Reminiscere – Second Sunday in Lent
St, Matthew 15.21-28
“Lord, Help Me!”
Seminarian Andrew Keller, Vicar
Grace, mercy and peace be to you from God our Father, and from our Lord and Savior, Jesus Christ.
“I’d hate to be a bother.” “Don’t worry about me.” “I figured you were too busy.” “I’m sorry; I didn’t want to disturb you.” These are some apologetic phrases spoken by those who need help, but can’t bring themselves to ask for it. In a culture obsessed with individuality, we shudder at the thought of depending on another person’s help. Many see it as degrading to oneself to have to ask for even the smallest favor. Thus, we keep uttering these apologetic phrases, while in our heads, we cry out, “Help me!” But when our need becomes so great, to whom do we turn and from where does our help come?
In the Gospel reading for this morning, Jesus encountered a woman desperate for His help. This wasn’t an uncommon meeting for Him. After all, He was notorious for His miraculous healings and signs. Many came to Him seeking help of some sort. What made this encounter slightly different, however, was the background of this woman. She was not only a Gentile, but she was a Canaanite. Her ancestors were pagan enemies of the Israelites and were a people who were to be driven from the Promised Land. Yet here she was, crying out to Jesus, “Have mercy on me, O Lord, Son of David…Lord Help me!”
Jesus’ treatment of the woman is not an expected response to this cry. Initially, He ignored her, which appeared to be a denial of her faith and a refusal to answer her prayer. When the disciples would have sent her away, He said, “I was sent only to the lost sheep of the house of Israel.” This phrase seems to imply that the Messiah has come only for the salvation of the Jews. The woman wasn’t dissuaded, but fell on her knees and cried, “Lord, help me!” To this, He finally said, “It is not right to take the children’s bread and throw it to the dogs.” Dogs, in this culture, were not the loveable, domesticated creatures we know them to be today. Most dogs were feral or scavenging creatures, living off scraps and garbage rather than being fed by an owner. She is compared to a little dog, not worthy to eat from the riches of the master’s table.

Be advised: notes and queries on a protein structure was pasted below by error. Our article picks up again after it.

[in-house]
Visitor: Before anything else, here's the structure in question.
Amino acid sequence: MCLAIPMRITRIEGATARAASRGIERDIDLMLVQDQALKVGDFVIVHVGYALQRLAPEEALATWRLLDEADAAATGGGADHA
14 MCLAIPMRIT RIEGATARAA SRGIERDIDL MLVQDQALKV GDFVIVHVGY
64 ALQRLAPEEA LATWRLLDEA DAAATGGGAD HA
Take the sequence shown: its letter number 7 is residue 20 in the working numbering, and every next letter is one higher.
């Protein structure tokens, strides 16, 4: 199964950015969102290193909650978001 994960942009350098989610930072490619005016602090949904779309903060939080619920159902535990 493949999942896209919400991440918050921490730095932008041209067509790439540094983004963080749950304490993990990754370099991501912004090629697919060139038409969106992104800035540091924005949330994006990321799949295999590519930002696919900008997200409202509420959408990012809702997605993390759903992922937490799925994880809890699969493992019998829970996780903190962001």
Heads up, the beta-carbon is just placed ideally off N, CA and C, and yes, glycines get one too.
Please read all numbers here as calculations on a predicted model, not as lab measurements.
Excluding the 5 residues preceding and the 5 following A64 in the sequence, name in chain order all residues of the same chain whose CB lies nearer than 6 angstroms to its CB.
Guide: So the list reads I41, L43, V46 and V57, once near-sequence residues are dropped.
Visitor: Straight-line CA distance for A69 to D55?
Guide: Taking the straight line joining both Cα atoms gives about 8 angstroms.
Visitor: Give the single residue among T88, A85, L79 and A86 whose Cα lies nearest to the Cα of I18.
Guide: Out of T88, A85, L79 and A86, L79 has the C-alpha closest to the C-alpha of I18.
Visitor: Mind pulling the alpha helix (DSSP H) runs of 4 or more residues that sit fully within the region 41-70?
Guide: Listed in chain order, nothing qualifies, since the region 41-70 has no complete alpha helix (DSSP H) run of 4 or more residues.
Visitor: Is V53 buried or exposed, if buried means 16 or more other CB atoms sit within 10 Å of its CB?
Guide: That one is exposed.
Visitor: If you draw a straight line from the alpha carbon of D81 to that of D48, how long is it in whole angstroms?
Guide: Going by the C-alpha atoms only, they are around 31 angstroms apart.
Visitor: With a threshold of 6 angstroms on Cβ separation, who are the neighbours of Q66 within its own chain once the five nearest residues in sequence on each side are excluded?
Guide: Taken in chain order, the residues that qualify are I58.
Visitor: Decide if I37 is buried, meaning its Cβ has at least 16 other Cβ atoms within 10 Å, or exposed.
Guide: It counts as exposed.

Even though Jesus called her a dog, she does not reject His word. Instead, she receives it and agrees, “Yes, Lord, yet even the dogs eat the crumbs which fall from their masters’ table.” The Canaanite woman believed the Gospel. She agreed with Jesus. She was a dog, that is to say, a sinner. She was not entitled to the Lord’s help. Yet, she asked for it any way. She believed that the smallest amount of grace, a crumb of mercy from God was sufficient to heal her child. She knew Him to be the Christ, the one promised through the line of David, who would come to redeem the lost people of Israel. Apart from Him, there was no hope, no life, and no salvation, hence her cry, “Lord, help me.”
Jesus, seeing her faith, responded, “O woman, great is your faith! Be it done for you as you desire.” The Canaanite woman’s faith was great because the object of her faith was Christ and His saving Word. She knew that nowhere else could she find help for her demon-afflicted daughter. And Jesus could have immediately healed the woman’s daughter, yet He treated the woman in such an unusual way in order to reveal the faith of her heart. Had she come to Jesus only as a means and out of unbelief, she would have departed after He ignored her. She could have resigned herself to believing that Jesus truly only came for the house of Israel, and that He was not interested in her salvation. On the contrary, she, having heard the great news of Jesus and she believed it, came to Him with the heart of faith, believing that Jesus was her savior even though He didn’t appear to be. She had faith that through Him, she too would be called a child instead of a dog.